Grade 7 - Social Studies

Ms. Montgomery, Ms. Smith, Mr. Caton, Ms. Molina, Ms. Weir and Ms. Raquib

How can we, as innovative historians, educate the public on how misinformation impacts our country now and long ago?

Check out the student projects:

Project 1        Project 2        Project 3       Project 4

In today's world, U.S. citizens are politically more divided than ever (as seen in the current elections and civil rights movements) partially because of  misinformation and fake news seen across media outlets. Can we always believe the media’s representation of events, people, and issues? And where else have we seen this in history. Students become investigative reports who go back in time to determine what really happened during the American Revolution. They will create a vlog or podcast that argues why it is important to not take news a face value using examples from the both today and the Revolutionary Period.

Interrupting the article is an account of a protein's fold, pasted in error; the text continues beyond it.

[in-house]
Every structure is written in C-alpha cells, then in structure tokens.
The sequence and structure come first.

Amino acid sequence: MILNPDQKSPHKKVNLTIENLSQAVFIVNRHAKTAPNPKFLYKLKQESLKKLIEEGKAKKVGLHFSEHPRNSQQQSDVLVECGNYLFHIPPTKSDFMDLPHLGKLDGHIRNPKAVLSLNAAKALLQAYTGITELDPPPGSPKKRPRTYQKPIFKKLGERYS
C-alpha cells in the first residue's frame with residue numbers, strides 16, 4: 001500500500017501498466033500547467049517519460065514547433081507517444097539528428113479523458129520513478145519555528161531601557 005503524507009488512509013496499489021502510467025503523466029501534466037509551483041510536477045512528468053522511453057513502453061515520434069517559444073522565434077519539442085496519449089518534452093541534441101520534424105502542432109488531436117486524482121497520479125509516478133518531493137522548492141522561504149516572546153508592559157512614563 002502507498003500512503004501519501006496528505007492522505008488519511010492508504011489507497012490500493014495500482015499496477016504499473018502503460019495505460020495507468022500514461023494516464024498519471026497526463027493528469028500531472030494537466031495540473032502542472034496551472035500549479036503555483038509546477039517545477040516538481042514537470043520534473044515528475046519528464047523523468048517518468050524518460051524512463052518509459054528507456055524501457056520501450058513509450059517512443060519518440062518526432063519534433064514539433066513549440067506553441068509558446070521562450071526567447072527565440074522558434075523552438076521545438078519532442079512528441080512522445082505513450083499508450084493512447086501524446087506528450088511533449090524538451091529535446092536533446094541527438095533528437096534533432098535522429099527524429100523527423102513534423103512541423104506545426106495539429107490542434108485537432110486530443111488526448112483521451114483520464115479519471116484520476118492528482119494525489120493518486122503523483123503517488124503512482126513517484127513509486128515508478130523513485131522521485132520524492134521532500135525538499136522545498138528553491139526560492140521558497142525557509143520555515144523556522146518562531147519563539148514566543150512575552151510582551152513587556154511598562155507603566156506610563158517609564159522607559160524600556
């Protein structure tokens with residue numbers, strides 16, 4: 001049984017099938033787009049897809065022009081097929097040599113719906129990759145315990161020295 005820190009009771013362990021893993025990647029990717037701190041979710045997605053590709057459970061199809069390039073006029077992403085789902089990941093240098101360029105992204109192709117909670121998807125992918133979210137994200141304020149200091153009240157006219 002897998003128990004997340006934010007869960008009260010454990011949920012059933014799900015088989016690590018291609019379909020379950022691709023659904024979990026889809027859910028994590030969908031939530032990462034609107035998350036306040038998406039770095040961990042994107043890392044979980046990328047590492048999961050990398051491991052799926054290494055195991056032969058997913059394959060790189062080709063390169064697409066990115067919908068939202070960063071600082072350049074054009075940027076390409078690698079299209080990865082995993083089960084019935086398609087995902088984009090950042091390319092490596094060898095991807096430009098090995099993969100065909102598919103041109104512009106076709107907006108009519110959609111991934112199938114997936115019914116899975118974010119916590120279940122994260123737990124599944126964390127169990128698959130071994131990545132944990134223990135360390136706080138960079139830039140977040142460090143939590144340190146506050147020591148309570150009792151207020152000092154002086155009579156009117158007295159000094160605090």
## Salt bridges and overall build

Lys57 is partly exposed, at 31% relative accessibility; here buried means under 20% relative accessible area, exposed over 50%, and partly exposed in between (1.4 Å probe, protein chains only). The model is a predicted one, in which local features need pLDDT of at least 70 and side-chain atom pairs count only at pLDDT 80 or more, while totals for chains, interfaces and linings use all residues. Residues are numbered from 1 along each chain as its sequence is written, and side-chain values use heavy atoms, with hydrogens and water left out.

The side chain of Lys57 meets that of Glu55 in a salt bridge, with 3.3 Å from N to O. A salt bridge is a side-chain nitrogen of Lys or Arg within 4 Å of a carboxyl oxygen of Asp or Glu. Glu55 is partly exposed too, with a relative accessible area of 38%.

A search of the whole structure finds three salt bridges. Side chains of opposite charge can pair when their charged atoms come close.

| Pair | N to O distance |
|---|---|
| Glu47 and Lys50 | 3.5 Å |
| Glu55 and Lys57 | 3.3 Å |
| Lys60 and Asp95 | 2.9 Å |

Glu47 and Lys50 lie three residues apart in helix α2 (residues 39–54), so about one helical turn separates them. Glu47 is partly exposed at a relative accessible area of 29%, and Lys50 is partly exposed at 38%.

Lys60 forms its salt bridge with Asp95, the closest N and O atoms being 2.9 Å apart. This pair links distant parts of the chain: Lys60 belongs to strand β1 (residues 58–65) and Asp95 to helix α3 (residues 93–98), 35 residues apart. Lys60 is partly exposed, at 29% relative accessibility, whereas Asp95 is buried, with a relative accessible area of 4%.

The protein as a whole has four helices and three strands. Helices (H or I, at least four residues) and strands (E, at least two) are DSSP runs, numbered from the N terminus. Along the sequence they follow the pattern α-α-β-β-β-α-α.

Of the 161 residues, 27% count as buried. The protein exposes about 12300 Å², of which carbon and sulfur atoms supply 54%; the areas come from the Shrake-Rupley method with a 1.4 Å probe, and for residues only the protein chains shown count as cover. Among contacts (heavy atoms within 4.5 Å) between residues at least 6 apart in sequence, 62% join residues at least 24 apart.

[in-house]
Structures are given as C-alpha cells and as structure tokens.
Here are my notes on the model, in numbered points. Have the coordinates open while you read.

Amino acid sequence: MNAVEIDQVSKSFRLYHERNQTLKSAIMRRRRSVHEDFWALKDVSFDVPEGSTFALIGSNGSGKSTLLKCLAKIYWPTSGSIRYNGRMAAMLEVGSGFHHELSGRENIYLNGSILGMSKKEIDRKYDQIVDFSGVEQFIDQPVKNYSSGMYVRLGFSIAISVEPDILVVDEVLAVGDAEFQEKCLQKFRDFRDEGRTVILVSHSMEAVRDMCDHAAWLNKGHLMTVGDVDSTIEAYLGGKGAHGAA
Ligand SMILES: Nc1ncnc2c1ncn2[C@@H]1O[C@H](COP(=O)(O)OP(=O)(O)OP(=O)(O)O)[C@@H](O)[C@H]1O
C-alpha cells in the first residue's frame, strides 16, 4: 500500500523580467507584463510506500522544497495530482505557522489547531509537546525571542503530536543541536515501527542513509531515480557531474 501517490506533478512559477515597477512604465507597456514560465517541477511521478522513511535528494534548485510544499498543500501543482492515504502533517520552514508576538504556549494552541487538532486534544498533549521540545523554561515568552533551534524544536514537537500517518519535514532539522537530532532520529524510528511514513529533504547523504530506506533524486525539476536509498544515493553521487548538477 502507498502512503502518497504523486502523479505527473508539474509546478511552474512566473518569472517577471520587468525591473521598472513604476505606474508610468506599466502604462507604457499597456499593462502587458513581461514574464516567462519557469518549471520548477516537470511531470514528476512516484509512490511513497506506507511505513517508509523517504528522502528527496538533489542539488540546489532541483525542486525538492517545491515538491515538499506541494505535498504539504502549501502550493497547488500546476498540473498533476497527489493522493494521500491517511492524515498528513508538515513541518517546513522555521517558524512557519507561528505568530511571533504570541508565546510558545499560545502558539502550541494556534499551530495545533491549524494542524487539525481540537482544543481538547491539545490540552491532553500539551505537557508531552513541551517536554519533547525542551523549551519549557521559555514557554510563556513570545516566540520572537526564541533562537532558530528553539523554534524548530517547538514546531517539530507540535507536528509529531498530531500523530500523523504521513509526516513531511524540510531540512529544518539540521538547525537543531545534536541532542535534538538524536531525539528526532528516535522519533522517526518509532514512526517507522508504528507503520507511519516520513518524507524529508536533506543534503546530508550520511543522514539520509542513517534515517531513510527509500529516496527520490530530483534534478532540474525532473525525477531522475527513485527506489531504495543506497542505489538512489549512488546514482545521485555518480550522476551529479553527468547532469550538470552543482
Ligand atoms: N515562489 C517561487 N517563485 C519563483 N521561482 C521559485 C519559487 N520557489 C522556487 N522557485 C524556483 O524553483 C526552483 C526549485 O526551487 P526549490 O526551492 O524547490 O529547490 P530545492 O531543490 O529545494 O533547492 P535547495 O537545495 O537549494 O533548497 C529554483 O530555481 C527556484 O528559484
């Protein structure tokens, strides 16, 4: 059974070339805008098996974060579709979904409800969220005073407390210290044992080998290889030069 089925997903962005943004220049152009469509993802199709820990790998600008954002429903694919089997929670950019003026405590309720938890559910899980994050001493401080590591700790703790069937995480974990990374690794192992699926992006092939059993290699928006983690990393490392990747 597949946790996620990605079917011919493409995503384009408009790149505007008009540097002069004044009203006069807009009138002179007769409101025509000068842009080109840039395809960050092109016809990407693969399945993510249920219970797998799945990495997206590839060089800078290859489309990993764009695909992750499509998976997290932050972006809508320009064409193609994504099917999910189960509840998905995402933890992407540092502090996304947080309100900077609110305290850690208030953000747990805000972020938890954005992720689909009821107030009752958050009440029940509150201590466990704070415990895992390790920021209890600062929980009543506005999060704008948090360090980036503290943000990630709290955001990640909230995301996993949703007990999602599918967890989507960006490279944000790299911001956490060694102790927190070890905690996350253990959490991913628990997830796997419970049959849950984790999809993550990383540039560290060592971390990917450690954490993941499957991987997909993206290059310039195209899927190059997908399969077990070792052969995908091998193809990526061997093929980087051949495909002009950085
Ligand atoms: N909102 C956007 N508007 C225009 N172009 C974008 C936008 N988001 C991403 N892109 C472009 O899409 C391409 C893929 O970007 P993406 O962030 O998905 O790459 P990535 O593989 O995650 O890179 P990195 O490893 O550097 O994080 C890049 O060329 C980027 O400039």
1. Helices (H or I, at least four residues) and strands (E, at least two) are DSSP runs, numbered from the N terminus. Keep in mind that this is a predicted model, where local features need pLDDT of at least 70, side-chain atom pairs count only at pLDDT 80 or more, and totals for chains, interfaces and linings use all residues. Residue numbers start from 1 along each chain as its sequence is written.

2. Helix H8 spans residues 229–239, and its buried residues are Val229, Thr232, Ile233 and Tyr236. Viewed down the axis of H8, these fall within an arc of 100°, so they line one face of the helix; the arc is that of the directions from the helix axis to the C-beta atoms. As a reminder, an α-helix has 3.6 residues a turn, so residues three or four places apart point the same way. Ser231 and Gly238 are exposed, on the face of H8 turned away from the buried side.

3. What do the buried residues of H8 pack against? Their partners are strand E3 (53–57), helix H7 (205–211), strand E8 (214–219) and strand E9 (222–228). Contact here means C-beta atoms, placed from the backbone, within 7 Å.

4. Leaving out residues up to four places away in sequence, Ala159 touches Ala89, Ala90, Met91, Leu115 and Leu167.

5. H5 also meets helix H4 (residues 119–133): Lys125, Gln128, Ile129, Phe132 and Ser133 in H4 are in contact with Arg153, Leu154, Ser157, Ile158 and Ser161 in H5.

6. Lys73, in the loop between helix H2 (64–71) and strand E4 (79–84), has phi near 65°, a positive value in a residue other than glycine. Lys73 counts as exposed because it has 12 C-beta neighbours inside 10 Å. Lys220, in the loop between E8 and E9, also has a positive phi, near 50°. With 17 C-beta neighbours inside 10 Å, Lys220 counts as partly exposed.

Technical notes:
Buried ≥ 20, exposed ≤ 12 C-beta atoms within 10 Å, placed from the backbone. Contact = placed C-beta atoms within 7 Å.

Building a Better Zoo: Enclosures for Endangered Species

Grade 6 - Magnet Innovators On the Move

Mr. Mirowitz

How can we, as innovative designers, protect and conserve endangered species?

Check out the projects on this Padlet!

Deforestation, desertification, global climate change, urbanization, and poaching are only a few reasons why animal species across the globe are under threat of extinction. This loss of biodiversity is hugely problematic. Humans and other species benefit from the diverse resources these ecosystems provide, and we should be custodians of our planet who advocate for and look after our natural environment. Zoos, although highly debated, have increasingly committed to protecting vulnerable wildlife. Breeding programs, educational initiatives, fundraising campaigns, and research at zoos all help in this fight. The Bronx Zoo, a cultural icon of our city and borough, is committed to doing this work. Students, who are familiar with the institution, will ask themselves how they too can help in this effort.